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KCI Staff Updates
Congratulations to Angela Deel (Infant/Toddler) for completing her Child Develop Associates Degree (CDA) Renewal and to Lee Hyde for getting his (Infant/Toddler) CDA and to everyone who has received or renewed their CDA this year.
Thank you to everyone who will be completing the Spring Semester and for all your hard work. Good luck to those who will be starting summer classes.
We knew you could do it, way to go!! We are all very proud of you all.
Fighting Job-related Stress
Increasing student enrollment, poor student motivation and variety of other stressors that come with working in an educational environment can be a lot to handle. If you don't take steps to counteract the stress, these job-related stressors can lead to health problems, injuries and job failure.
Read the flyer (PDF)
Encountering a Hostile Intruder
Your reaction and ability to communicate well in the event that you encounter a hostile intruder at the facility can mean saving lives. There are a few things you should consider carefully now so that if an incident does arise, you are fully prepared to protect yourself and your students.
Read the flyer (PDF)
Staff babies and grandbabies born 2014/15!
Middle: Ethan Robert Zayne Durham, grandson of Janice Stidham, Early Head Start Home Visitor DOB: 3-9-15, 7lbs 9ozs.
Right: Phoenix McKenna Reid Graves, grandson of Education Supervisor Leslie Graves, DOB: 6/6/15,
20 1/2 inches long
Left: London Graves,
Grandson of Leslie Graves, Education Supervisor
DOB: 12-3-14, 7lbs. 6oz., 21 in.
Son of Megan Mullins, Cook/Assistant at Esserville
DOB: 2-25-15, 7 lbs. 9.9 oz., 19.4 in.
Right: Adyson Ryder Stallard, Daughter of Tesha Stallard, Caregiver in Esserville Infant Center, DOB: 07-23-2014, 7 lbs 0.1 ozs. 19 in.
Left: Granddaughter of Pam Bowens. DOB: 5/12/15, 5lb. 13oz., 19 in.
Middle: Sawyer Lee Sexton, Son of Brittany Sexton, EHS Home Visitor. DOB: 10/10/14, 7lbs. 13oz., 193⁄4 in.
Right: Ellie Mae Rich, Daughter of Ruth Rich, EHS Caregiver at Appalachia Early. DOB: 4/29/15; 7lbs. 10oz., 193⁄4in.
Did you know you may be at risk for serious injury if you do not lift correctly? Improper lifting may cause back injuries that can take months or even years to heal. Sometimes the injuries are disabling or permanent. This can be prevented if you learn to lift correctly.
Preparing to Lift
If the load looks too heavy, do not lift it by yourself. Ask for assistance and use mechanical aids when possible. Be sure to wear safety shoes in case you drop something. If the object has rough or sharp edges, wear properly fitting work gloves that are in good condition. This will help you to get a better grip as well as protect your hands.
Making the Lift
Crouch down with the load between your legs and get a good grip on the object. As you stand up, lift with your legs, keeping your back vertical and the load as close to your body as possible. If you have to place the load to your left or to your right, do not twist your body -- move your feet instead. To lower a load, simply reverse the knees bent/back vertical procedure.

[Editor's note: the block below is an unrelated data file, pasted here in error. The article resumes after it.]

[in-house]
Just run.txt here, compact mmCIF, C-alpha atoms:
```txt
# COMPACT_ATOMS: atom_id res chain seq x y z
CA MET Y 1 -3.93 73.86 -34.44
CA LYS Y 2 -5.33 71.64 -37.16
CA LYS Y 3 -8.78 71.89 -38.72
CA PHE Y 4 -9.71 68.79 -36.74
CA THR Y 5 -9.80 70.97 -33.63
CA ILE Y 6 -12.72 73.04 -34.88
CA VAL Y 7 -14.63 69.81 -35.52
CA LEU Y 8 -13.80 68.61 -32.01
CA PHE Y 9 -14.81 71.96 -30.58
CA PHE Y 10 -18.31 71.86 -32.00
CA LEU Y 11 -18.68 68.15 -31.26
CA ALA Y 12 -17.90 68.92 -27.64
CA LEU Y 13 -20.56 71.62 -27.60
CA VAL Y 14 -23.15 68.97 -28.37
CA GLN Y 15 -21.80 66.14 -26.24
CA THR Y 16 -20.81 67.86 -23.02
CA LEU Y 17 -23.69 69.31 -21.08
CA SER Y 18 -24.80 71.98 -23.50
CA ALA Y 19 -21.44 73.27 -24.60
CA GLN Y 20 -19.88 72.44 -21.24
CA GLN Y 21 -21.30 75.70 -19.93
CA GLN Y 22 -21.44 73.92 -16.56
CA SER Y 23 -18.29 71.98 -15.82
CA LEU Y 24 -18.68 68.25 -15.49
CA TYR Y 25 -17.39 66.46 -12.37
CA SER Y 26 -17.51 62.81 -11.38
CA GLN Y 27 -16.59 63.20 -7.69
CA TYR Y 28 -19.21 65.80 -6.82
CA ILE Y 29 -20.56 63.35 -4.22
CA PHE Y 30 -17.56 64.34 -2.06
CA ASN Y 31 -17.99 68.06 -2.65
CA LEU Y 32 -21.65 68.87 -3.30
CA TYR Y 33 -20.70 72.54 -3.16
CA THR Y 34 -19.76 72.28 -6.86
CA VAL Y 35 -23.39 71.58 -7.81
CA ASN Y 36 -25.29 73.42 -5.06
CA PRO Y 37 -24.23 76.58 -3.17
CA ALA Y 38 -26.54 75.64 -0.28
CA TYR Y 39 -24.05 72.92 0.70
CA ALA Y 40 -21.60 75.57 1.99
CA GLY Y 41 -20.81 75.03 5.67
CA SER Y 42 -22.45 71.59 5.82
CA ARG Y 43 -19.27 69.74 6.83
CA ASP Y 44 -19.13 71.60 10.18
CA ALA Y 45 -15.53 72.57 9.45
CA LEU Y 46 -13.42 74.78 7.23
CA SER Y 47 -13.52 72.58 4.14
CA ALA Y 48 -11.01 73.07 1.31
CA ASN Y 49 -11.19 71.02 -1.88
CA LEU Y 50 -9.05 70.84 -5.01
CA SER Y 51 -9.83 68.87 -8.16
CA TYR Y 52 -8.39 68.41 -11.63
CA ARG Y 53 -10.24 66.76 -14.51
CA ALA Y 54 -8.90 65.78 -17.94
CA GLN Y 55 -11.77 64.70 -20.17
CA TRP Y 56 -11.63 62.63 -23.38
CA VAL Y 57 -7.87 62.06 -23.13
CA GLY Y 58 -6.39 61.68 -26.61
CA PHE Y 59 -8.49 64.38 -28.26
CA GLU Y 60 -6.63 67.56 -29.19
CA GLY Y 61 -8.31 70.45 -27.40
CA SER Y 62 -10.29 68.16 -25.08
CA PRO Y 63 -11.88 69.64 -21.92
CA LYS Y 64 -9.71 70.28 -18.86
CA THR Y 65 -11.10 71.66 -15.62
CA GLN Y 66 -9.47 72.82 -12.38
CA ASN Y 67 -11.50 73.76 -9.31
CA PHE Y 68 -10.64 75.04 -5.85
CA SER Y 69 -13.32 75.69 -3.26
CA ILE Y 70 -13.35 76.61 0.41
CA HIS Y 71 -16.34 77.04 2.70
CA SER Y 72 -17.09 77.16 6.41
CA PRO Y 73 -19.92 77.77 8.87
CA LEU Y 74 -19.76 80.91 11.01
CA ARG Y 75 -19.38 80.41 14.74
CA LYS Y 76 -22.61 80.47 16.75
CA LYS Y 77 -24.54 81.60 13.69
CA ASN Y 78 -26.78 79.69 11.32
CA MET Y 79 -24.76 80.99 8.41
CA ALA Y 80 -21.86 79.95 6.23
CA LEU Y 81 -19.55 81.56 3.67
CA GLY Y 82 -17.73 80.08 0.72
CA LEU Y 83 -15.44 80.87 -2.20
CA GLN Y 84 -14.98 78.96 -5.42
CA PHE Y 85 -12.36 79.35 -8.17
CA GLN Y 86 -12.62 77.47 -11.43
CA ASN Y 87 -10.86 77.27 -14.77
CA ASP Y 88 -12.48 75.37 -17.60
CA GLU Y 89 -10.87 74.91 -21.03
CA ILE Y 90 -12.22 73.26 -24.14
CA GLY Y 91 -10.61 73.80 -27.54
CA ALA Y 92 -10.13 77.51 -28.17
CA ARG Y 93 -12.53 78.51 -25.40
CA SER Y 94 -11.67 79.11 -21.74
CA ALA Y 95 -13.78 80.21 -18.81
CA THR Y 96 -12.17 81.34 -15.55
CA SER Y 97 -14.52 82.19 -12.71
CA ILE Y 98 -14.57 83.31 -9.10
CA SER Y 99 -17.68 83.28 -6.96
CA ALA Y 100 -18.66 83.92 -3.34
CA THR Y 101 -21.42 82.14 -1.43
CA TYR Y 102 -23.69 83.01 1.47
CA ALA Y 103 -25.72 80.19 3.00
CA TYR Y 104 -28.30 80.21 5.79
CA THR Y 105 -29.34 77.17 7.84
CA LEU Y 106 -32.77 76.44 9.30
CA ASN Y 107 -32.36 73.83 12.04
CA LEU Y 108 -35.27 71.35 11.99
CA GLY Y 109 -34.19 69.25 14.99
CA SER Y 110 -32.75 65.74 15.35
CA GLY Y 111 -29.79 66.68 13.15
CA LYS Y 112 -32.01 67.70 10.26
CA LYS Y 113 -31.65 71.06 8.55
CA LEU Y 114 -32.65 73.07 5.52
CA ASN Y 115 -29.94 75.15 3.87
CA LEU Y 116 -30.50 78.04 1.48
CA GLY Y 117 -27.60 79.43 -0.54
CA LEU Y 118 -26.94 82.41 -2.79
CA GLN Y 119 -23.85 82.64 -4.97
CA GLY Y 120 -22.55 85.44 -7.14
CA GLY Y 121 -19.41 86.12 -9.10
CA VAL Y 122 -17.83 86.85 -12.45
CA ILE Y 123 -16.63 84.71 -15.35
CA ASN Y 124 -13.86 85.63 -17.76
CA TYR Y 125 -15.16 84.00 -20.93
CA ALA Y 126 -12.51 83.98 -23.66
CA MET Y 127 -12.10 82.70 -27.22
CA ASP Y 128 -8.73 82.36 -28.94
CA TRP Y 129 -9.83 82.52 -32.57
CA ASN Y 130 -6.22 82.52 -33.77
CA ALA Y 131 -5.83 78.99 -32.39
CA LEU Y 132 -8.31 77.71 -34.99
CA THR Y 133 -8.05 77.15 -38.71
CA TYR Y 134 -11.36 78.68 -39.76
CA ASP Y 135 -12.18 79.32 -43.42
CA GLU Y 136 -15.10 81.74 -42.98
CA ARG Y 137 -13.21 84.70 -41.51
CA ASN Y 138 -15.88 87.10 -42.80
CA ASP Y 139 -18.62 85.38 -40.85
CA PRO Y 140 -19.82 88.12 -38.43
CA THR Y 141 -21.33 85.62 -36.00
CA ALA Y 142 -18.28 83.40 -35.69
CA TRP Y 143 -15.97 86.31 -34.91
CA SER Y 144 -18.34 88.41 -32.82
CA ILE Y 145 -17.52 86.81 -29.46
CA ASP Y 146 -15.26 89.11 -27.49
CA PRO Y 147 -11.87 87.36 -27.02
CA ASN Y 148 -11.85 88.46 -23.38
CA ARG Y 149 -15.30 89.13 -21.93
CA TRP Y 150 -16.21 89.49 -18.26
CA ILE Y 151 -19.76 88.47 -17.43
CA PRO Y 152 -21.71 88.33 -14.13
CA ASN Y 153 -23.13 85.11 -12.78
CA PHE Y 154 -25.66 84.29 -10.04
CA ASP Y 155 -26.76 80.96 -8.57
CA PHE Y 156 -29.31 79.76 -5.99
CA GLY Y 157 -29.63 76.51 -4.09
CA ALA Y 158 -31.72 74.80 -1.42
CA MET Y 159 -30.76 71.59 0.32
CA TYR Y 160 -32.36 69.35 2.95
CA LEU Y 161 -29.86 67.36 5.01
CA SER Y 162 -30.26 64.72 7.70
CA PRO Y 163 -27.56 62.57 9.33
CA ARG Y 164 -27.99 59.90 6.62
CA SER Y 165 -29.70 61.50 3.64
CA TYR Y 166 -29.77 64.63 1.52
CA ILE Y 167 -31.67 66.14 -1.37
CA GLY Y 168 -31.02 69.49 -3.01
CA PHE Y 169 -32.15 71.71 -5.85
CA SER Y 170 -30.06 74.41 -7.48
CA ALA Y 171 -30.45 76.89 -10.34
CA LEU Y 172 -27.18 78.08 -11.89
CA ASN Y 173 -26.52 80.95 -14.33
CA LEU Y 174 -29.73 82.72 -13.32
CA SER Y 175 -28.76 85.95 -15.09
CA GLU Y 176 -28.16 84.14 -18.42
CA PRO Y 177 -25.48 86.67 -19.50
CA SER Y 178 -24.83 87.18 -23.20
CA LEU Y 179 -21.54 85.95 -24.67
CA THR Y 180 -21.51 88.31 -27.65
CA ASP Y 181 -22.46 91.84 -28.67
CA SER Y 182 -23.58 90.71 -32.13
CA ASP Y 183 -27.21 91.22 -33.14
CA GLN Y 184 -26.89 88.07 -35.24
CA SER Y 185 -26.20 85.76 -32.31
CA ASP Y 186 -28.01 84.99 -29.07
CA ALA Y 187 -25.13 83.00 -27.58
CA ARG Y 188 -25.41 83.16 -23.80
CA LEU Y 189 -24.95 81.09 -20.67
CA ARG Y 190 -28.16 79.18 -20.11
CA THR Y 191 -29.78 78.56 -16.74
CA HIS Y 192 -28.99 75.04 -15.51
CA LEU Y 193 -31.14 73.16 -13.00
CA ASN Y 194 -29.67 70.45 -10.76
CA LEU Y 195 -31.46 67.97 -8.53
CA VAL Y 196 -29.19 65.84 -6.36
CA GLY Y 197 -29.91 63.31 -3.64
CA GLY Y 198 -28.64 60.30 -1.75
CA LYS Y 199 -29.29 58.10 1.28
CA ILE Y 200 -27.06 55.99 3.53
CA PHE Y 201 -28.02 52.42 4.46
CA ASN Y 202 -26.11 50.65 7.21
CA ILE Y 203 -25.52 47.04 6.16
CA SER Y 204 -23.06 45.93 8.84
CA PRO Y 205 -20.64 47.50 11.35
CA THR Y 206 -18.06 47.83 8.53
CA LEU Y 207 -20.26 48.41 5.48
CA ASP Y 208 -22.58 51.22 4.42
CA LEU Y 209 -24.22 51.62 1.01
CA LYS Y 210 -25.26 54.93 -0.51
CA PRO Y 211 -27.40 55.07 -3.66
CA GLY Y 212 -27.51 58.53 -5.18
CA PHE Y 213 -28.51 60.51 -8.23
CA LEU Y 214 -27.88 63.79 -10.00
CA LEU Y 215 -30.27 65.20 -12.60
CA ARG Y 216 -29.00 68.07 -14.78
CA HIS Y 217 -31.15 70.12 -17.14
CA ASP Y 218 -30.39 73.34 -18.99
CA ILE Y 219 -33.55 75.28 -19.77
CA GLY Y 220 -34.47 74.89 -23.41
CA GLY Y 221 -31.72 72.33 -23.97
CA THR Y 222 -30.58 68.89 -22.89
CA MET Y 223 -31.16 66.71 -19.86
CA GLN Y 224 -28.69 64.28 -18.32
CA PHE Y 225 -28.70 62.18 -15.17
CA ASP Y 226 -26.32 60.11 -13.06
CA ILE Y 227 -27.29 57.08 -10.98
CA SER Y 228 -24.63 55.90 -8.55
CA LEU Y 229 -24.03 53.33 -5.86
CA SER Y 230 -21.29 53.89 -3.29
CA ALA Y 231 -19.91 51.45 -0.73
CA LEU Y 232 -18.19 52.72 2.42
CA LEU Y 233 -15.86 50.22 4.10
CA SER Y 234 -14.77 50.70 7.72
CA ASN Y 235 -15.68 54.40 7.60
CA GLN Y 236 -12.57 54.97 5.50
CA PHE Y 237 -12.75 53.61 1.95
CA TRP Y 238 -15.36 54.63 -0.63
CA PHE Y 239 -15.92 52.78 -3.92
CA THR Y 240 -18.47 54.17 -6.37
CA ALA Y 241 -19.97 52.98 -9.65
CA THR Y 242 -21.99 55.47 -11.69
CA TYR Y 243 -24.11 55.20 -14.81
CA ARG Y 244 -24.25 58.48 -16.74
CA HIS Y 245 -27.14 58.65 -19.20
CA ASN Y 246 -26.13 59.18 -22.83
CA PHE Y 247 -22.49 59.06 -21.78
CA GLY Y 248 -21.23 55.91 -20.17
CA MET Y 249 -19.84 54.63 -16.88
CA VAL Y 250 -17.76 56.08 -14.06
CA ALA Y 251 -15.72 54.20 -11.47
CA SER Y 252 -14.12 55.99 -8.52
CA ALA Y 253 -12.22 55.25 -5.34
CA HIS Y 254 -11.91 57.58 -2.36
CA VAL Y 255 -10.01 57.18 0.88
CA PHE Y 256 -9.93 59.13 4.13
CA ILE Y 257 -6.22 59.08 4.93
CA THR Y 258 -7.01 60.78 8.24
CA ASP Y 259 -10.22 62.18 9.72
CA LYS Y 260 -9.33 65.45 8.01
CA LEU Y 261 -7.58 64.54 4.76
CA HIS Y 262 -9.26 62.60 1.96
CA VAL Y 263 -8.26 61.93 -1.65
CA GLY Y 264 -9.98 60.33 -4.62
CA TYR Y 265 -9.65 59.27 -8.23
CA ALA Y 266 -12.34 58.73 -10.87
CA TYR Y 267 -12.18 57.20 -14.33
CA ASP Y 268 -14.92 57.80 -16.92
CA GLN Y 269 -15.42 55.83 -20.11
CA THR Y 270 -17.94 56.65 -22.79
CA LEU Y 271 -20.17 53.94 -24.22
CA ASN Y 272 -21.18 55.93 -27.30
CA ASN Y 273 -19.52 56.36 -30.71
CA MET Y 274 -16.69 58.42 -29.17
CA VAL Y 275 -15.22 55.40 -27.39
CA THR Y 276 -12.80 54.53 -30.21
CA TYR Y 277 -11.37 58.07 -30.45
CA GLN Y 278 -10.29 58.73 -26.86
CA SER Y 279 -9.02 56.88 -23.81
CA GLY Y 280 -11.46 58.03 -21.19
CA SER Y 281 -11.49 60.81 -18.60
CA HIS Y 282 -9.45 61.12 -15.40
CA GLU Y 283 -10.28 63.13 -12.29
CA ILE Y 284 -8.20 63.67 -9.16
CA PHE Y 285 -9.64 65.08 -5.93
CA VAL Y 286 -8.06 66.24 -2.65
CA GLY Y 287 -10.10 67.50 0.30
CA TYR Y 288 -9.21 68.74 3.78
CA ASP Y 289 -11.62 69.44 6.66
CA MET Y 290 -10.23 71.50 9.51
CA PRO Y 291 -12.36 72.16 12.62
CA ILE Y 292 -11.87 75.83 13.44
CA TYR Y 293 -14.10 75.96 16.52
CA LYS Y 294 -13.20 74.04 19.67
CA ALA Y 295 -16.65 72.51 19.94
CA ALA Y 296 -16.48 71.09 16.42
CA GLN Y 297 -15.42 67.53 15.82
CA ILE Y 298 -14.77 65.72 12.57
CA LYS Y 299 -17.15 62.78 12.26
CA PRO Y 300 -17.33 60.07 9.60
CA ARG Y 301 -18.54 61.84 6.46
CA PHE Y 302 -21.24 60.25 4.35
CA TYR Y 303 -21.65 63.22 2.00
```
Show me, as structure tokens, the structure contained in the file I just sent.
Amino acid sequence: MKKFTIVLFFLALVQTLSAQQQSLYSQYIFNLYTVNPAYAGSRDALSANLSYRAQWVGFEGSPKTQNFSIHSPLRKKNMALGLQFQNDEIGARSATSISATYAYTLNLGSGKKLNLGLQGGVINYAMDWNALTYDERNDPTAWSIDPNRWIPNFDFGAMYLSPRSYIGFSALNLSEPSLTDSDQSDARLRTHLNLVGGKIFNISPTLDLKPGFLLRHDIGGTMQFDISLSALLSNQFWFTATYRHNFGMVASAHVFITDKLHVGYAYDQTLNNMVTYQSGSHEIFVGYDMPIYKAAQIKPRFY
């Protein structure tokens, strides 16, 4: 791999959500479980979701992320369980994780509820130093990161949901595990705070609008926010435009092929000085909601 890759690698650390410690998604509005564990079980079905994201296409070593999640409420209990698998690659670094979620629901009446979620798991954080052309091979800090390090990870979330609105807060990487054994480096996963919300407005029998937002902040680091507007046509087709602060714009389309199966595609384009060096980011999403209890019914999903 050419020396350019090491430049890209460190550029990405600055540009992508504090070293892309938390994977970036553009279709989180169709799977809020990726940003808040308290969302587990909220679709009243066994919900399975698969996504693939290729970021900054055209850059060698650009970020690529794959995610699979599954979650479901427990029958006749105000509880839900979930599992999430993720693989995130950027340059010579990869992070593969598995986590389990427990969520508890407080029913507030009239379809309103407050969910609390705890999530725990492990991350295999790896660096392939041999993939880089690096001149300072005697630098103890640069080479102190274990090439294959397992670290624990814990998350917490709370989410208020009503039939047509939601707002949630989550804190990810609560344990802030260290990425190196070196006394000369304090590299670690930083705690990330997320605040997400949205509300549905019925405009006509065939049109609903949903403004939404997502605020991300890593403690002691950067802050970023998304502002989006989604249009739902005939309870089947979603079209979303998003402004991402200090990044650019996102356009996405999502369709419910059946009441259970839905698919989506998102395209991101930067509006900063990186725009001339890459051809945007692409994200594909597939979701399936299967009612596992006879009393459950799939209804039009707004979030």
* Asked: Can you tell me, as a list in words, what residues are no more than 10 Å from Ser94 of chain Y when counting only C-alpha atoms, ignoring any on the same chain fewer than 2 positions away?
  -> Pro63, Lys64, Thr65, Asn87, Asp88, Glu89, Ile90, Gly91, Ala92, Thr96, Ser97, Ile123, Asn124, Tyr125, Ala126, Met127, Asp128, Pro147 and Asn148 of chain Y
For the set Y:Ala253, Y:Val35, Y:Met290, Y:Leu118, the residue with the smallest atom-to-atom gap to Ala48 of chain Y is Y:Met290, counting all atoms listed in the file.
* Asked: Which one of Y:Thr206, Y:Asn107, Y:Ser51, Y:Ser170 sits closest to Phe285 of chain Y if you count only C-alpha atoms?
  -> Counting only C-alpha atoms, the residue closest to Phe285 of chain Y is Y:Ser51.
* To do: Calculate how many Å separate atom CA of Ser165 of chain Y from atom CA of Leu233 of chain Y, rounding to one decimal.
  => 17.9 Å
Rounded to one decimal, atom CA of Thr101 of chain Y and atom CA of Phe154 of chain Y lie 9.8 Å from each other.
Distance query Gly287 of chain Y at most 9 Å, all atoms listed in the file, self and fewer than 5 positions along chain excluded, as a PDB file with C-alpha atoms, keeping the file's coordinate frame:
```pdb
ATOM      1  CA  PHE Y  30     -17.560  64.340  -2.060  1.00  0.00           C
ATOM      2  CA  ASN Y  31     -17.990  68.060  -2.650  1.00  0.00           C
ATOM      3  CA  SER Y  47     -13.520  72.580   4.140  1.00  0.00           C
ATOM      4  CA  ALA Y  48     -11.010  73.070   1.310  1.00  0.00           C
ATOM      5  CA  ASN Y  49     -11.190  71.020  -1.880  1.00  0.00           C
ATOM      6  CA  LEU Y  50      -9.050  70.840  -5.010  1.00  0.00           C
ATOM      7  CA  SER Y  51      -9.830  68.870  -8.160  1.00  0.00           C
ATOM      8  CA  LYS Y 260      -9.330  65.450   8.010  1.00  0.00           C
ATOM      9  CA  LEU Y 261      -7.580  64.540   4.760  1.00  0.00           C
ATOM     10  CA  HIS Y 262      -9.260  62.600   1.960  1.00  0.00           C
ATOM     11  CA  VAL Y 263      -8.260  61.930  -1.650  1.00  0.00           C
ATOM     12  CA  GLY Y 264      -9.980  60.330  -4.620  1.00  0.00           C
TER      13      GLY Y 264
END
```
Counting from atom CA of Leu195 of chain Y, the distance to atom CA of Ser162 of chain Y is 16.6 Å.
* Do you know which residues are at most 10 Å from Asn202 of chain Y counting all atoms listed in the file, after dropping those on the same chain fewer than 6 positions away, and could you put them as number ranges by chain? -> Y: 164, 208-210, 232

- Do not lift more than you can handle. Ask for help with heavy loads and use mechanical aids when possible.
- Wear safety shoes.
- If the object is rough or sharp, wear gloves.
- Lift with your legs and not your back.
- Keep the load close to your body.
- Do not twist your body when placing a load to one side or the other. Move your feet instead.
- When it comes to lifting, do not break your back. Instead, lift right and give your back a break.
What is Workplace Safety?
Kids Central, Inc. is bringing the forces of governance together to create a workplace safety program for the entire staff. Working with our insurance providers, the Board of Directors and the Policy Council will assist the staff in structuring and implementing a program of workplace safety. The program will be mandatory for all employees, will be web-based with some presentations being made at in-service workshops and at annual staff training meetings.
Kids Central, Inc. has a Risk Management Program in effect, but over the years the implementation of that program has waned. As a company we must be ever more diligent about the decisions we make concerning our safety as well as the safety of our children and families.
Workplace safety is about preventing injury and illness to employees and volunteers in the workplace. Therefore, it's about protecting Kids Central’s most valuable asset: its workers. By protecting the employees' and volunteers' well-being, Kids Central, Inc. reduces the amount of money paid out in health insurance benefits, workers' compensation benefits and the cost of wages for temporary help. Also factor in saving the cost of lost-work hours (days away from work or restricted hours or job transfer), time spent in orienting temporary help, and the programs and services that may suffer due to fewer service providers, stress on those providers who are picking up the absent workers' share or, worse case, having to suspend or shut down a program due to lack of providers.